One of the biggest challenges facing most programs is lack of funding. Insufficient funding limits service providers from better serving their refugee clients. They are unable to expand their reach or offer more services even when the demand is high; they are unable to hire as many full-time staff as necessary and must rely on part-time staff and volunteers; and many programs are funded by nonrenewable grants. These programs rely on a variety of funding sources—not solely on federal and state funds. They apply for grants from nonprofits such as United Way and private foundations, as well as seek individual donations to meet their needs. For example, Global Talent Idaho started with a federal grant from the Idaho Department of Labor; however, since that funding has expired, they rely mostly on individual donors. Some programs, such as the ones offered by the Economic Development Department in St. Louis, are largely funded by the ORR, but they also receive some funds from the Community Development Block Grant program and some contributions from local banks. Project for Healing in Jacksonville uses different funding streams to pay their expenses. Their staff member pointed out:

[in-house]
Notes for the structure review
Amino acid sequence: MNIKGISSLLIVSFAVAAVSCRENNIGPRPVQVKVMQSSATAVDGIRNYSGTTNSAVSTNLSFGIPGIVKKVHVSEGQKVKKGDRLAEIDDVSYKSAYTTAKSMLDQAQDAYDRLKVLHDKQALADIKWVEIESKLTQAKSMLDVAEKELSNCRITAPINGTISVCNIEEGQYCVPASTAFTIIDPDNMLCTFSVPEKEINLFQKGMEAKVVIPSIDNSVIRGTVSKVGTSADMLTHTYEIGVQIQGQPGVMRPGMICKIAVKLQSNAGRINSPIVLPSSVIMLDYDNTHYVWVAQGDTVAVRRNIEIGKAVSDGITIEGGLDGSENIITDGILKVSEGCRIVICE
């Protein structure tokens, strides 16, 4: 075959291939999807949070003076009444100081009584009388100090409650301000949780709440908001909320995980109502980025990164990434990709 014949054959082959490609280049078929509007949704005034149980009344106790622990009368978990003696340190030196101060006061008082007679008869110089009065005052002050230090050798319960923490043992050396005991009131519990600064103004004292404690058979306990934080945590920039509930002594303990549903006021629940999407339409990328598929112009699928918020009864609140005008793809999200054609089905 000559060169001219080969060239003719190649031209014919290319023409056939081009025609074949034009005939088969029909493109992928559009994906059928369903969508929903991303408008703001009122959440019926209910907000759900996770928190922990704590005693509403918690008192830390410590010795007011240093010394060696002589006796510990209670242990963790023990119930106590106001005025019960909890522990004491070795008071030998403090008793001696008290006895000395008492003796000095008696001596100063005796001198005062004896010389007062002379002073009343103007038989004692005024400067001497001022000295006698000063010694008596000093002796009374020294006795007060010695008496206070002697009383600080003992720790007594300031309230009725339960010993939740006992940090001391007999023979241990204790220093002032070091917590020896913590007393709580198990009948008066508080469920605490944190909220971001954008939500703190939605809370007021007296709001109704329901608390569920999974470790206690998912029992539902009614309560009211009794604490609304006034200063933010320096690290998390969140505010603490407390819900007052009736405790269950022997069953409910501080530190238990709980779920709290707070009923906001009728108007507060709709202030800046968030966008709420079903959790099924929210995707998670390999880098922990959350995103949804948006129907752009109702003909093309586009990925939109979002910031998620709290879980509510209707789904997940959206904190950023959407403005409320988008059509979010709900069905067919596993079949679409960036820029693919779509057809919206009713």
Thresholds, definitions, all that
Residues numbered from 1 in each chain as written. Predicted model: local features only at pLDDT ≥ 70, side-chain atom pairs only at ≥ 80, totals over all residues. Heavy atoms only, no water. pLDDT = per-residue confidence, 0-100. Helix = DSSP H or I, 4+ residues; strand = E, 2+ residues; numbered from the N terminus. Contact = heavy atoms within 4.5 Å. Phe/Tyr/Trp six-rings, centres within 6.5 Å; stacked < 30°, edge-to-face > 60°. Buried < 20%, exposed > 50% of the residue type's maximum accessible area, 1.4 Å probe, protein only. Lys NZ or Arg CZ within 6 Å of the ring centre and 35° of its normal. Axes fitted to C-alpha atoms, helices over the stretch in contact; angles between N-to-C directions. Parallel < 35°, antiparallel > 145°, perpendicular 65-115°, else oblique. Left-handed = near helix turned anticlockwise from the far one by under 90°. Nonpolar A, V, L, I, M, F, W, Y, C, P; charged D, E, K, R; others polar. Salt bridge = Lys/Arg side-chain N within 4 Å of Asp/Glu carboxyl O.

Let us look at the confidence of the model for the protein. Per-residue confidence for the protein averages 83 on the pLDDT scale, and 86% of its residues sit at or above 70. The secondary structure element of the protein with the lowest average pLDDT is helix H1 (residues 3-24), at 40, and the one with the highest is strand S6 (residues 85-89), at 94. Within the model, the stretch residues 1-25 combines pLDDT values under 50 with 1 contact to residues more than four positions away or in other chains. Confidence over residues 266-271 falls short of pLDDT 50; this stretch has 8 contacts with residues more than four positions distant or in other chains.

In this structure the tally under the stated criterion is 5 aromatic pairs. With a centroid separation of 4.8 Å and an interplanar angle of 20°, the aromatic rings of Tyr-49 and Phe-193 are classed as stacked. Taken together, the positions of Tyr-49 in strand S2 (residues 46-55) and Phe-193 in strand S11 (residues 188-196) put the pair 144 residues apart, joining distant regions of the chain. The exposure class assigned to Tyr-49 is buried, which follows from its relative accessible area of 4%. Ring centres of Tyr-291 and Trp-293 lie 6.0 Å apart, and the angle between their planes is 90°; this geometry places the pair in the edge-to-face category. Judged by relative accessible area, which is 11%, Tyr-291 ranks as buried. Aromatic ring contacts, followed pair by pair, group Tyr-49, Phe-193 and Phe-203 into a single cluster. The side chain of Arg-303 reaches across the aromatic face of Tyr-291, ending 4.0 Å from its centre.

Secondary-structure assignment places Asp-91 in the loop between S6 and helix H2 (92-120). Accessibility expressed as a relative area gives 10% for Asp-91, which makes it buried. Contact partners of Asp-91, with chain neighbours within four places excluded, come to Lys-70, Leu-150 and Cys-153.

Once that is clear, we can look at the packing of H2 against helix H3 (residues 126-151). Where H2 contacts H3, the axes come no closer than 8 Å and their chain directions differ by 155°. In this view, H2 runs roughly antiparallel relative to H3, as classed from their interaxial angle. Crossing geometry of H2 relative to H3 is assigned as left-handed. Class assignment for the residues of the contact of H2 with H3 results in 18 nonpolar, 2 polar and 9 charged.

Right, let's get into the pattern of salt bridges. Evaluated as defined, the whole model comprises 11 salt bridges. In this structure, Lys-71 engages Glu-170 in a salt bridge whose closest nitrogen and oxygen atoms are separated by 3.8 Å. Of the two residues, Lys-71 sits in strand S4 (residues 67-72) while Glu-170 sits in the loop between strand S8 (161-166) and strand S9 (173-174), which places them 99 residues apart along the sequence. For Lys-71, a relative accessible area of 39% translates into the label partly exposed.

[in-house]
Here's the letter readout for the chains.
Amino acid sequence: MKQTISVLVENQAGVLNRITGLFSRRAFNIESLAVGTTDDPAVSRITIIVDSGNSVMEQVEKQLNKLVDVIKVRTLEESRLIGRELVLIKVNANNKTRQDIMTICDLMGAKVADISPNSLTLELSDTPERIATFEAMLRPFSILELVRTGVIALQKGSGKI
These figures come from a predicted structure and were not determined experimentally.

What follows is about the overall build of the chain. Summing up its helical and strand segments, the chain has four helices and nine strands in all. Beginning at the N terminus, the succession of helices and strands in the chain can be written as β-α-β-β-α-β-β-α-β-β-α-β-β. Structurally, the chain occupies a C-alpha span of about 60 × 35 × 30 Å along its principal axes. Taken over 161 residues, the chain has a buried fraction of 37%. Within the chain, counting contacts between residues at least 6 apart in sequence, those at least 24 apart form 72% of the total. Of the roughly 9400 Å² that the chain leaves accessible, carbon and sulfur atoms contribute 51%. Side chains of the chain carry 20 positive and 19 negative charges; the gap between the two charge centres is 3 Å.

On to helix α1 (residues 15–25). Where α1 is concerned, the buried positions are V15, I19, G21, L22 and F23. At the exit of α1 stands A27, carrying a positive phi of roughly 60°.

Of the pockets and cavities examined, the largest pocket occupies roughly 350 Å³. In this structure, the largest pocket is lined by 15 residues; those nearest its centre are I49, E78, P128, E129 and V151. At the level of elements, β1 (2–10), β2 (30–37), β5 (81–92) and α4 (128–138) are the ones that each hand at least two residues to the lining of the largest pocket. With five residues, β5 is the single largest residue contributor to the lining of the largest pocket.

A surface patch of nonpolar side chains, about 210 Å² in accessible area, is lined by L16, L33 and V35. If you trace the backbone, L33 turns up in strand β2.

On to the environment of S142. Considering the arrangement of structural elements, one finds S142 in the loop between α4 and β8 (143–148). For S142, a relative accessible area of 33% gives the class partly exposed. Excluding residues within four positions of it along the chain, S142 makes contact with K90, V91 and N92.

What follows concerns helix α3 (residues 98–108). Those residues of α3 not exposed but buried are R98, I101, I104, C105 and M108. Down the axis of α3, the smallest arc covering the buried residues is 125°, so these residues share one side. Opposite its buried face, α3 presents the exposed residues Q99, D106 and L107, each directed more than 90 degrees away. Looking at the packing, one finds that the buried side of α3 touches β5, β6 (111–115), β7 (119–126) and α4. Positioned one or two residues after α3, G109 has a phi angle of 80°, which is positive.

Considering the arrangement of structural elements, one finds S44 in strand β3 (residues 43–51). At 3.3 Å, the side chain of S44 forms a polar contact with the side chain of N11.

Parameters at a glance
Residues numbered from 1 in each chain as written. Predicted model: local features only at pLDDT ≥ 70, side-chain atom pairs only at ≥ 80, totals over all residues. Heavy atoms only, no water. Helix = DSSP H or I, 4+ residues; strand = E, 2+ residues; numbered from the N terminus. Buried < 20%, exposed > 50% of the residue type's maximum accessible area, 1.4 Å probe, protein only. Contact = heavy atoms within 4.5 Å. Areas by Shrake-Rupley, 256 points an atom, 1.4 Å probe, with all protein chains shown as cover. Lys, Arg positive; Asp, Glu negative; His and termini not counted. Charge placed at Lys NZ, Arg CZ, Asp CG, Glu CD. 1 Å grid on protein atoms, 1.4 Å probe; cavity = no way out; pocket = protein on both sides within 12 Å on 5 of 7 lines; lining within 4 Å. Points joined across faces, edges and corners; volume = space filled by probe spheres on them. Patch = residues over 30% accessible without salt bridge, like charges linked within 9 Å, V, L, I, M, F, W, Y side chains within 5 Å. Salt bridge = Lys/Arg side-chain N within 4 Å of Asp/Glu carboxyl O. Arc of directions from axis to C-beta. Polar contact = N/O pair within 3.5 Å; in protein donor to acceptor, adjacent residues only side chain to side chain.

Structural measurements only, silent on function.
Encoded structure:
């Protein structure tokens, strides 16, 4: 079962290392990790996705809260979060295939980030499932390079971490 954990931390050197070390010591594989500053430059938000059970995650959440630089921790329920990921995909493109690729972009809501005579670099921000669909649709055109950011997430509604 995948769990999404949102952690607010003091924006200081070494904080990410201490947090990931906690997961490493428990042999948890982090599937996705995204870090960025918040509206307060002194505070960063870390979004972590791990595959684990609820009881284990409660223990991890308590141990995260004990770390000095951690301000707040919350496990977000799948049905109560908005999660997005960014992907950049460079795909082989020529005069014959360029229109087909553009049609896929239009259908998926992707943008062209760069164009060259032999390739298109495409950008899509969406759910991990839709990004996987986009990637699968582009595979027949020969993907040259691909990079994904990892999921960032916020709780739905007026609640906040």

Florida Department of Health pays for our therapists and our rent, and then we have a grant through our hospital that pays for our case manager, and then … our regular case manager is free, because she’s an intern at the university. Then have another intern that’s a clinical intern and she is also free, because she comes through the university, I believe. Then we also have what we call community collaborators and they are our volunteers.

It is common for program coordinators to find creative ways when obtaining funding to pay their staff. The position of volunteer coordinator for the HELLO Program is fully funded through AmeriCorps. The volunteer coordinator took on the project and was able to create the beginnings of the program. Similarly, the after-school program in Atlanta also uses AmeriCorps service members to partly staff the program.

Staffing and volunteer issues pose a challenge

A closely related issue to funding is having staff who are part-time or volunteers. A program administrator at the same after-school program in Atlanta found that: